For Dan Clark, director of sport at picturesque Bradfield College, learning to cope with setbacks is an important part of the school’s success. ‘We have outstanding facilities: glorious grounds, great pitches and a nine-hole golf course. We’ve even built an indoor “swing room” for golfers to perfect their swing. To me, though, the transferable skills our students gain from high-level sport are just as important: dealing with failure through developing resilience and learning to bounce back, as well as discipline from regular training and respect for other people. All these are applicable to business and the world of work and produce fully rounded human beings.’
Shrewsbury’s director of sport, Andrew Murfin, wrote a thought-provoking dissertation on the role of co-curricular activities in gender identity formation and points to the role of sport in forging a more positive self-image and preventing gender stereotyping. ‘We’re selective with good academic standards,’ he said, ‘but we also do a broad range of sports to a high level. The students’ confidence and ability to bounce back is an important part of their characters. The huge pressures on girls and boys, made worse by social media, mean it’s important that they feel comfortable with their bodies. For example our girls are encouraged to take up a range of sports, not just specifically “feminine” ones: Fives, for example, where we excel, plus athletics, rowing lacrosse and cricket.’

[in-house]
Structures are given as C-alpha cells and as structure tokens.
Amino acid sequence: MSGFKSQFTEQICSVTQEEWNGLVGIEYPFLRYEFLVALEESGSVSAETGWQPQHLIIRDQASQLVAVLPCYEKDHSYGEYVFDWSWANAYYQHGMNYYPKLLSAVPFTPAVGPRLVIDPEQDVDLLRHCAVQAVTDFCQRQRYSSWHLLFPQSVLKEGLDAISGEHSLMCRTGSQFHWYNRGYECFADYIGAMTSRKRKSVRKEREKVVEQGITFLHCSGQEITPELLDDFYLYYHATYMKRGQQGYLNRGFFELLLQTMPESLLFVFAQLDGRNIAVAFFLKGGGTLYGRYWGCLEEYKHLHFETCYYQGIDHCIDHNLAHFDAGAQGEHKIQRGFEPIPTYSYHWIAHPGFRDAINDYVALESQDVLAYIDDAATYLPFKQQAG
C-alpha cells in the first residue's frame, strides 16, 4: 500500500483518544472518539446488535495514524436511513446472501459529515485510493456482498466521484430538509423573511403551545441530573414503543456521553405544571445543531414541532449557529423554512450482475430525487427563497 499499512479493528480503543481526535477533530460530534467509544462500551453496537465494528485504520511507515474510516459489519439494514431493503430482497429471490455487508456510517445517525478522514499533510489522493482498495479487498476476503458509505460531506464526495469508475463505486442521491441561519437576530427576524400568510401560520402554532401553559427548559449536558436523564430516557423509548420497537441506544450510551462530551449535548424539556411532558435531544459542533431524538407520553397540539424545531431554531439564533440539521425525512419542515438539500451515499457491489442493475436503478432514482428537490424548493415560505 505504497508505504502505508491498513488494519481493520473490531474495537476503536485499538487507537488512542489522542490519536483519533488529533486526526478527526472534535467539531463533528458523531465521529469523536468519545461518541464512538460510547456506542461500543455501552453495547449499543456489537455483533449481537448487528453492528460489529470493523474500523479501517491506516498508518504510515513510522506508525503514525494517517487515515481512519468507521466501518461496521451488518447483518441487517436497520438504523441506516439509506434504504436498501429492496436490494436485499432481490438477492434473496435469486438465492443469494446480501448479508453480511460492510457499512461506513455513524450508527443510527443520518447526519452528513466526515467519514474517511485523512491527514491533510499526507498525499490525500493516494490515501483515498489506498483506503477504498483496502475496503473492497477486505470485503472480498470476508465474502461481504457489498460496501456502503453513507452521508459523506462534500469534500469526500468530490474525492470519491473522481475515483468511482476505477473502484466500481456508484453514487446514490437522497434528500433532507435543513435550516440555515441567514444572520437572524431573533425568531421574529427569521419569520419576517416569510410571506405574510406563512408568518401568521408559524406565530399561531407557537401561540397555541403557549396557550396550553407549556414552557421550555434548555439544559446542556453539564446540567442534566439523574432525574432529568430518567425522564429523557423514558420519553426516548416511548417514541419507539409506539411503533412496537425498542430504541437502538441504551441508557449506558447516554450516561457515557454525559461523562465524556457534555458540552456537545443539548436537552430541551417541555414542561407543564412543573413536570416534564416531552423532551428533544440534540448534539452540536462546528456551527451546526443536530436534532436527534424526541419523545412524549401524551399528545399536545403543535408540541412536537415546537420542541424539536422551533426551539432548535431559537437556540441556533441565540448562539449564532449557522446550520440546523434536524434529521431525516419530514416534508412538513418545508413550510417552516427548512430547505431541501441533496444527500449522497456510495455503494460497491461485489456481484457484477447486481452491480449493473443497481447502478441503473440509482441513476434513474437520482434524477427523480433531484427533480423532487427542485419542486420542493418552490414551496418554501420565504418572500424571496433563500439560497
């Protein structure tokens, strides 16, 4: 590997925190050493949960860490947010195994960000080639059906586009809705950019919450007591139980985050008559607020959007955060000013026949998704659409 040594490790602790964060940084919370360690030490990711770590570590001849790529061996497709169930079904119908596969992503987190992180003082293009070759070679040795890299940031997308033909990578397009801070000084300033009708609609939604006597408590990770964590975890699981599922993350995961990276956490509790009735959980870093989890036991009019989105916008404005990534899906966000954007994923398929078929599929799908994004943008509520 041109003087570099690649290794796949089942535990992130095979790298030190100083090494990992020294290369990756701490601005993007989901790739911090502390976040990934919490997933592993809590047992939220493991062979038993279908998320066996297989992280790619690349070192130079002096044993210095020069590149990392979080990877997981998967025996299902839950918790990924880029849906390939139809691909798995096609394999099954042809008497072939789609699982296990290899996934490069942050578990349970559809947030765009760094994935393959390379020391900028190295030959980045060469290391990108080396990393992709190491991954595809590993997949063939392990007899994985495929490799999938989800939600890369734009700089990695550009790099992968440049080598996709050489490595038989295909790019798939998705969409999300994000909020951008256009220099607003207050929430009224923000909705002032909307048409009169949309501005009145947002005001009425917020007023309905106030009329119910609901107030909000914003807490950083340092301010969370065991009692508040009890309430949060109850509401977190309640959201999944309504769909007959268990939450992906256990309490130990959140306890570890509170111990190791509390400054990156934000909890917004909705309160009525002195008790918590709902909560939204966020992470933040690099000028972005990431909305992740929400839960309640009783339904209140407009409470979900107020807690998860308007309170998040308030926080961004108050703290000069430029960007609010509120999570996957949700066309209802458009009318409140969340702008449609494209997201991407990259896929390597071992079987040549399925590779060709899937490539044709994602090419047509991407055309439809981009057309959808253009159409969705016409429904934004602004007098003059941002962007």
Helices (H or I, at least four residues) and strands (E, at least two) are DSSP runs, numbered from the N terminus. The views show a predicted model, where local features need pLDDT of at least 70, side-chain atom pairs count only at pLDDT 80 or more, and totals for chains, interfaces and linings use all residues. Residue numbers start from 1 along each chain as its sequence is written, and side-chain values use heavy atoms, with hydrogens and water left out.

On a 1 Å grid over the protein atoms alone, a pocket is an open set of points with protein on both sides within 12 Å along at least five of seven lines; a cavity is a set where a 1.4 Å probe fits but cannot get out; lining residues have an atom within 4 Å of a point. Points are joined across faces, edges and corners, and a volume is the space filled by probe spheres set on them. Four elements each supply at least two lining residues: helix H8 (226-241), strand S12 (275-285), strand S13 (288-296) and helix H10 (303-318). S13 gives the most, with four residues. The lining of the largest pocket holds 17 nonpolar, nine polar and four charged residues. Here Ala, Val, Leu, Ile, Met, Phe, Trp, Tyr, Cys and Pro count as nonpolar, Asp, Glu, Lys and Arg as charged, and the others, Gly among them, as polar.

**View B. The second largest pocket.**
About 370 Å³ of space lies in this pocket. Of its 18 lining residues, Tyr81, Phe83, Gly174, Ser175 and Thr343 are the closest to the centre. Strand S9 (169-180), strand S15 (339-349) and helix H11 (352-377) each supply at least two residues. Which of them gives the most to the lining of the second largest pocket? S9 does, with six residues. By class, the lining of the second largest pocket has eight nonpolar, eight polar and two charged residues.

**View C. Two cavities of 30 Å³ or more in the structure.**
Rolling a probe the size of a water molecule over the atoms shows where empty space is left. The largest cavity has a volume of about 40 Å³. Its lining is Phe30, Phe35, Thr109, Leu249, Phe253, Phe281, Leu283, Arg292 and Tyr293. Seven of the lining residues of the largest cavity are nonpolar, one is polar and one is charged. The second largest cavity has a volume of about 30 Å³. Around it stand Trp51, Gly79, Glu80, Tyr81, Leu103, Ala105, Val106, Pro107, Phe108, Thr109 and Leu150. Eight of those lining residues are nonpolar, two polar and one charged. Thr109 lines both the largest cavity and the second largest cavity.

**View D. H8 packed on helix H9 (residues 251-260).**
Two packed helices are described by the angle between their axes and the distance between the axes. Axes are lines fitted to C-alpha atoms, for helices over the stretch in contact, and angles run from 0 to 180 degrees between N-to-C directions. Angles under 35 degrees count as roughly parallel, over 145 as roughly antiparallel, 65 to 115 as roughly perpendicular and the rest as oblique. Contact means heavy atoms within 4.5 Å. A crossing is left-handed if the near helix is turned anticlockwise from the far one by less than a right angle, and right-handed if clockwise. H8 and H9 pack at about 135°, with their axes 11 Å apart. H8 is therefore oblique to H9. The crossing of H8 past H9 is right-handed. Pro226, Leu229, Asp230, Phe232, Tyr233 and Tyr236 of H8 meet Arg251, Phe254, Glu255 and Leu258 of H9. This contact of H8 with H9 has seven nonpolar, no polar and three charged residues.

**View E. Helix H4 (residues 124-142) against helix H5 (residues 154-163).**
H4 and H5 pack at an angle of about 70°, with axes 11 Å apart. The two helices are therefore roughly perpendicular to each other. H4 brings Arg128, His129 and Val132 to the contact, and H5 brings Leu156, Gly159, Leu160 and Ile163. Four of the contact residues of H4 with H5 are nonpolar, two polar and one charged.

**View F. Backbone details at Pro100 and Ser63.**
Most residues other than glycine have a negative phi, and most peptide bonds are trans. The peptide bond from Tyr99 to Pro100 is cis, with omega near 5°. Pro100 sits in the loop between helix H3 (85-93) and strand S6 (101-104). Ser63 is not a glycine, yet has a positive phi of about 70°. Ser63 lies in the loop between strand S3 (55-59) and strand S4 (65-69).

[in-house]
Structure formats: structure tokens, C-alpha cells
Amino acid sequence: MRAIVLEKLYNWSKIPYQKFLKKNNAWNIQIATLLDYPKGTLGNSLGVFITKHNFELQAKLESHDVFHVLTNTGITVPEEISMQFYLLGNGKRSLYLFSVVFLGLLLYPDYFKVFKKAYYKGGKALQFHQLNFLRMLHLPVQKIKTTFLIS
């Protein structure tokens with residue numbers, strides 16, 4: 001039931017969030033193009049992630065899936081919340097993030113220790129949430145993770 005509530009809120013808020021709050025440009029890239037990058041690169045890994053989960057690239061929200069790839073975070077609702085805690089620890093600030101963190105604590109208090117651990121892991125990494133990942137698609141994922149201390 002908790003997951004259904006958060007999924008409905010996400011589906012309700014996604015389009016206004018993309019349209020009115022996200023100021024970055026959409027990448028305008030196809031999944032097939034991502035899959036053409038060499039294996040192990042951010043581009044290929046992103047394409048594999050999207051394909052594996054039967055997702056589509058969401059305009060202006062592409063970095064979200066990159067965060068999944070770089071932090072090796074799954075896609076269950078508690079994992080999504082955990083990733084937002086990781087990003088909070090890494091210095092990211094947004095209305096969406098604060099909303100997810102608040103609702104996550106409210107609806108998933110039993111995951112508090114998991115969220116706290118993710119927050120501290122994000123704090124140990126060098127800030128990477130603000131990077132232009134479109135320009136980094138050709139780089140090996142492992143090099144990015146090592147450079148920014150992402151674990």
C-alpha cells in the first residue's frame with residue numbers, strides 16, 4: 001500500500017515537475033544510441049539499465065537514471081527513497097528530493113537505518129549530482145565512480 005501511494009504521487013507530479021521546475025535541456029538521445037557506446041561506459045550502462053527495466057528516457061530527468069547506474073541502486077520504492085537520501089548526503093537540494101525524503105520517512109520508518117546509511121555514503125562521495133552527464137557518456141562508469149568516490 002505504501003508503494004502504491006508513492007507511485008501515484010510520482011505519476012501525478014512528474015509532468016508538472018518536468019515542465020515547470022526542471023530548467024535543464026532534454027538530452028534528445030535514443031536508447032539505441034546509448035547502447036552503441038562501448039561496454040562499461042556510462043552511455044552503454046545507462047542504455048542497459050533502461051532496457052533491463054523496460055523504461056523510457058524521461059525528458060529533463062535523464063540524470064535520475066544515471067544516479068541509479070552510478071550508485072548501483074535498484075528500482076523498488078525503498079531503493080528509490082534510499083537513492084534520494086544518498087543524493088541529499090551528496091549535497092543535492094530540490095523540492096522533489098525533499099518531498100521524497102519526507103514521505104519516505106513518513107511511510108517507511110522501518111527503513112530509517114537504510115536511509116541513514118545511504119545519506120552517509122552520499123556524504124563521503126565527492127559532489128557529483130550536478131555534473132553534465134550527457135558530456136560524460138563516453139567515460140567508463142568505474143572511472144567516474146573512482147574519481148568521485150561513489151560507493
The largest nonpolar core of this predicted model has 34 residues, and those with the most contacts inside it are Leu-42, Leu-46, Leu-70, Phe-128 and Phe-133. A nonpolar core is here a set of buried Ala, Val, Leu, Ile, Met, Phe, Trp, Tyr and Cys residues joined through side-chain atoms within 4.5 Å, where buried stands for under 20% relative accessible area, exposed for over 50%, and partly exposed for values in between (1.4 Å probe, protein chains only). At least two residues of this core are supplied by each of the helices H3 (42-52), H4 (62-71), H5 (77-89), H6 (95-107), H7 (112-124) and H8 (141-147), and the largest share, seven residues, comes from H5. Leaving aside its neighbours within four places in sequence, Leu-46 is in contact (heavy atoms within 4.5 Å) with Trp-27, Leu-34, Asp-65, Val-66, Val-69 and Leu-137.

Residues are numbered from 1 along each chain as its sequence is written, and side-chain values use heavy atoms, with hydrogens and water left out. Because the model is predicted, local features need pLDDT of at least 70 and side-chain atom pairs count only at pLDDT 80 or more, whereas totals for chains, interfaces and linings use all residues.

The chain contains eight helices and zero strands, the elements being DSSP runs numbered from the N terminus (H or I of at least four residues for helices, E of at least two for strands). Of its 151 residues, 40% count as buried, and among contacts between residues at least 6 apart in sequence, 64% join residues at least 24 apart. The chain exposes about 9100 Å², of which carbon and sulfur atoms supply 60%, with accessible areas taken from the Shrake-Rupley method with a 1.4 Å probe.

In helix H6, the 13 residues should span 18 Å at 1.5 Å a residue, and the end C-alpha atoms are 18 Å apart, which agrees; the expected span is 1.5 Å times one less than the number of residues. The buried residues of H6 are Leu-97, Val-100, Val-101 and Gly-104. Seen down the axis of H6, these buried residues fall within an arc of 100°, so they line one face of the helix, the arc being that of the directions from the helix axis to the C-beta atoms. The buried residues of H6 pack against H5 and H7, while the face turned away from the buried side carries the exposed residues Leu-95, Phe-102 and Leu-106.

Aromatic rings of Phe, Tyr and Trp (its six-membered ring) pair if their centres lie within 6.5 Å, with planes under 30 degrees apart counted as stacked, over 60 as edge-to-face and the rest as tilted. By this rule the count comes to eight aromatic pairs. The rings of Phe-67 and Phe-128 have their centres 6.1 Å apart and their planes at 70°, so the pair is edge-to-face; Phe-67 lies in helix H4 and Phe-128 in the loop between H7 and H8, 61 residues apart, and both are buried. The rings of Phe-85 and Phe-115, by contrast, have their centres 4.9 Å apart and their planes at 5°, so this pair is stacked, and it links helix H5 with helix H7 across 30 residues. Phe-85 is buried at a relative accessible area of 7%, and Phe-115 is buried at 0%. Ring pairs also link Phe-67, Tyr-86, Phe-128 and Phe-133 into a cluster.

But there is an ethos of individuality, unique to Britain, which winds its way through many of the traditional public schools with pride. Shrewsbury plays the ancient game of Eton Fives, which is also called Rugby or Winchester Fives depending upon which school’s sports field you happen to be standing on. And then there are the distinctive ‘one-offs’. These are the games played only at the school that invented them, usually in eye-wateringly muddy conditions, such as Prince Harry’s choice, the Wall Game, the Field Game (both Eton), Harrow football, favoured by Churchill and King Hussein of Jordan, plus Winchester College Football (known as Winkies), in which ‘raising a plant’ (blocking a punted ball with your chest) was once considered ideal for building moral fibre. With such a close-knit community of enthusiasts, these quirky pursuits often forge lifelong friendships. Who can forget those who have spent happy afternoons ‘knuckling’ or grinding your face with roughened gloves in the Wall Game, or accompanied you to matron with concussion from heading the huge, sodden Harrow ball? Rackets, the explosive forerunner of squash, started as a gambling game in the 18th century debtors’ prisons and spread to the public schools. Fourteen schools still play it, including Cheltenham, St Paul’s, Tonbridge and Eton, where Oscar-winner Eddie Redmayne was a talented exponent. Despite its gamey flavour and archaic setting, rackets is thriving with record entries for this season’s schools championships. Although once considered far too fast and dangerous for women, Malvern College, Clifton, Wellington and Haileybury have dominated the recently introduced girls’ events after Malvern staged the first national women’s doubles championship in 2010. Last season, Clifton’s French squash star Lea Van der Zwalmen, 19, won both the British Schoolgirls’ championship and the first-ever women’s world rackets crown, and competes with her male rivals on equal terms.